Raphaël Bastide’s URL installation otherti.me (2019) shows at the transmediale Vorspiel opening at Acud Macht Neu, Berlin at the invitation of panke.gallery. The work, presented as a URL mural, invites viewers to explore a corpus of 30 online works Bastide made over 30 consecutive days, starting on November 16, 2019. Drawing inspiration from daily life, the French artist’s online experiments include emoji clocks, Wikipedia modifications, animated GIFs, and HTML hacks.

Using the world’s fourth most powerful supercomputer, Tianhe II (image), a team of China-based researchers mined a database of 11,000 marine fossil species in search of undetected extinct species. In their paper, they show how machine learning helped analyze the large marine Paleozoic dataset, creating a record with time intervals of only ∼26,000 years—a fine-scale resolution of the fossil record that is typically marred by large temporal jumps, millions of years wide.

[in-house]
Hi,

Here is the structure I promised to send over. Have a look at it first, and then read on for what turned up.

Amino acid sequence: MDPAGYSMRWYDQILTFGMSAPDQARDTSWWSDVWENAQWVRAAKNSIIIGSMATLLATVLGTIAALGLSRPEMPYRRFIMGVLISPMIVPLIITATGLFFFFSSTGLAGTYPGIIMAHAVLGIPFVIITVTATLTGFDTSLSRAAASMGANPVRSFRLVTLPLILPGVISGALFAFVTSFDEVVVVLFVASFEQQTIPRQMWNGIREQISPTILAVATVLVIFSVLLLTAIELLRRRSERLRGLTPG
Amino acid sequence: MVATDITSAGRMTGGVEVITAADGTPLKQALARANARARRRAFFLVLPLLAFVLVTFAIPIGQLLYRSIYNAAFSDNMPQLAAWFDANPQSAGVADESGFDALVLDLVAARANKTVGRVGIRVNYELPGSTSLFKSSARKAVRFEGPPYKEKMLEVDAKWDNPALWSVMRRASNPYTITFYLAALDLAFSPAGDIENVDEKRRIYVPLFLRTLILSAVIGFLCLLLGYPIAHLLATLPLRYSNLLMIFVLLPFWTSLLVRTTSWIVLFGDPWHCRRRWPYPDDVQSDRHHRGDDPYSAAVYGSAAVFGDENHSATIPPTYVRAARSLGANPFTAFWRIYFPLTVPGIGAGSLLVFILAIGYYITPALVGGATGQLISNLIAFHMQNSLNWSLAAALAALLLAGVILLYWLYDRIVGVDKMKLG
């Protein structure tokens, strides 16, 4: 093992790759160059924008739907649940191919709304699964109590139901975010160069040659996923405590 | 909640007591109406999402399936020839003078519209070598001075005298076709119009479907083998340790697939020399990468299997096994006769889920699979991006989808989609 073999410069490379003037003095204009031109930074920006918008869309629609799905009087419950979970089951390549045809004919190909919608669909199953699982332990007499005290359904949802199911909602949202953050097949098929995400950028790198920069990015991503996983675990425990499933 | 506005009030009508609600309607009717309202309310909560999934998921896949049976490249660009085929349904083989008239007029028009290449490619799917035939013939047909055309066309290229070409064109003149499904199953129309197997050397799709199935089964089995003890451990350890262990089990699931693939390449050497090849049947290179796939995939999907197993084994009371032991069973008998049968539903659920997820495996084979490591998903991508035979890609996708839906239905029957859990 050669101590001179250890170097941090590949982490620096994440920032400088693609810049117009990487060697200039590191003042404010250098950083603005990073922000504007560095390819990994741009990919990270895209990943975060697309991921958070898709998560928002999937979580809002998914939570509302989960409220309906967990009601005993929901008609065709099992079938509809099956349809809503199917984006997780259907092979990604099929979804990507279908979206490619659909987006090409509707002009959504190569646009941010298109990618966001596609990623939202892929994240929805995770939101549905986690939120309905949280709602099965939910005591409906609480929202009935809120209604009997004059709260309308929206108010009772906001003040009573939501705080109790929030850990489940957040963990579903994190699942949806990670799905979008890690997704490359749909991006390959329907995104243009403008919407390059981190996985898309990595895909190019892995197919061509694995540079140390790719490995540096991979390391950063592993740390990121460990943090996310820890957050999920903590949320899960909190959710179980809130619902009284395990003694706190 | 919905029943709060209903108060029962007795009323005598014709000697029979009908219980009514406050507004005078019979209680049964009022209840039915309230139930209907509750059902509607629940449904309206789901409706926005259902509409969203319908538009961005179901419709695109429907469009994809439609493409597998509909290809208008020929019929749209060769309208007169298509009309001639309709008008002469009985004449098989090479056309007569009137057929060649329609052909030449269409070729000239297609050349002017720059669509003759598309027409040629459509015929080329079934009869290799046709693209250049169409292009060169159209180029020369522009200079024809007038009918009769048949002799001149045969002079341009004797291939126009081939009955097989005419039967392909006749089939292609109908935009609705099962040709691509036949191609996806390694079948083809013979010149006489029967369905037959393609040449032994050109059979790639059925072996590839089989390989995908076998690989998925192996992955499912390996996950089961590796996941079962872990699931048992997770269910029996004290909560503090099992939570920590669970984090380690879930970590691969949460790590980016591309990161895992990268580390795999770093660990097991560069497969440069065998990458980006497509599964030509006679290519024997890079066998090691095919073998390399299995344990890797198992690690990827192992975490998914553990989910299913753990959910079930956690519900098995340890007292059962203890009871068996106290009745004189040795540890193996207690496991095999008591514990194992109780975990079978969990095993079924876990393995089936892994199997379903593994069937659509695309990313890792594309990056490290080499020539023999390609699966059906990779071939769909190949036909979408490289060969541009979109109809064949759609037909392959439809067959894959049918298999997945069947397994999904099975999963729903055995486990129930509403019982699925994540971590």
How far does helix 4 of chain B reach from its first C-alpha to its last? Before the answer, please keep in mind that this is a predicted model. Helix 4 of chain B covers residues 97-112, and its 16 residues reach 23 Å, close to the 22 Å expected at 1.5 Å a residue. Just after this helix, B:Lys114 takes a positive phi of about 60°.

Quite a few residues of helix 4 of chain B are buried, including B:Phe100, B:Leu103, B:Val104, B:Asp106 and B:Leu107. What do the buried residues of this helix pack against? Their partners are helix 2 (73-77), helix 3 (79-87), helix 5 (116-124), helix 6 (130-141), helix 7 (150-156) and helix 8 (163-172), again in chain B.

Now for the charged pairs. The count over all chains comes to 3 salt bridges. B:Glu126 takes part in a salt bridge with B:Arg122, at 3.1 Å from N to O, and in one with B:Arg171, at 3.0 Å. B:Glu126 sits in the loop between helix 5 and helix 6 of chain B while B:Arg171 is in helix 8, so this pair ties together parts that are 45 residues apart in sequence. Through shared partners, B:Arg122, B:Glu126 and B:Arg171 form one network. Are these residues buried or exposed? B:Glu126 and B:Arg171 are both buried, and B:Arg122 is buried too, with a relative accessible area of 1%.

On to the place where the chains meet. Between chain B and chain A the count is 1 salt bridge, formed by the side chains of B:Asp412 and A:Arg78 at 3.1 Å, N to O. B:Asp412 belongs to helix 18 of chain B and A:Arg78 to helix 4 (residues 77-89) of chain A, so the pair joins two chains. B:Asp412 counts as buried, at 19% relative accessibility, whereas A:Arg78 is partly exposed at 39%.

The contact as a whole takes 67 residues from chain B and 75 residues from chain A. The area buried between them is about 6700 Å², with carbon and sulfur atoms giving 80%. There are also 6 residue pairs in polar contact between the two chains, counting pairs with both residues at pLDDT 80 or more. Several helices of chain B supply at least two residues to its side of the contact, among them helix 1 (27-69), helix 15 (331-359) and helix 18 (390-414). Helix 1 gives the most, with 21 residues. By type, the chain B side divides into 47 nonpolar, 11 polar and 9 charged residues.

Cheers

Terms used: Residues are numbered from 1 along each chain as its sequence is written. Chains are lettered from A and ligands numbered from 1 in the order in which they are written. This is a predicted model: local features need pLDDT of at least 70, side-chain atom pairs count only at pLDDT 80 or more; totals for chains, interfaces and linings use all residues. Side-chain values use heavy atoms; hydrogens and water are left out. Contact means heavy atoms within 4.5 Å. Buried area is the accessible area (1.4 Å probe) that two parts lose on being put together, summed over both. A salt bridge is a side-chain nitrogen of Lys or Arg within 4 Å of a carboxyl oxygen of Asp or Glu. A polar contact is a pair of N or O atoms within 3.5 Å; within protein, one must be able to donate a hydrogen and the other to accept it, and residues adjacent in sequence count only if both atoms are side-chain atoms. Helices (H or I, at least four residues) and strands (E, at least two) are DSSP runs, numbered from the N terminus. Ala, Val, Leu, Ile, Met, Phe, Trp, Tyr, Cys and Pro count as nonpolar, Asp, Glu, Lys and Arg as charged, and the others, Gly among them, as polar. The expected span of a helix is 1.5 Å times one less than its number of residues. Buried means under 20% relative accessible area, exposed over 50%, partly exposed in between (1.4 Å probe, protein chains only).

“The operating system of Code Societies is to code the society that you want to live in … and so we keep an empty seat—a space someone can inhabit—a chair for those that are doing the work now.”
Simone Browne, in a public discussion elaborating on the Surveillance Studies School for Poetic Computation course she co-instructed with American Artist
“Research by the thinktank RethinkX suggests that proteins from precision fermentation will be around 10 times cheaper than animal protein by 2035. The result, it says, will be the near-complete collapse of the livestock industry.”
Guardian columnist George Monbiot, on how farm-free food start-ups like the Finnish Solar Foods will bring about “the biggest economic transformation, of any kind, in 200 years” and save the planet in the process
Realtime: Making Digital China
Editors Clément Renaud, Florence Graezer Bideau, and Marc Laperrouza bring together a global cast of contributors including Dennis de Bel, Gabriele de Seta, DISNOVATION.ORG, and Xiaowei R. Wang to chronicle China’s evolution into a global technology superpower.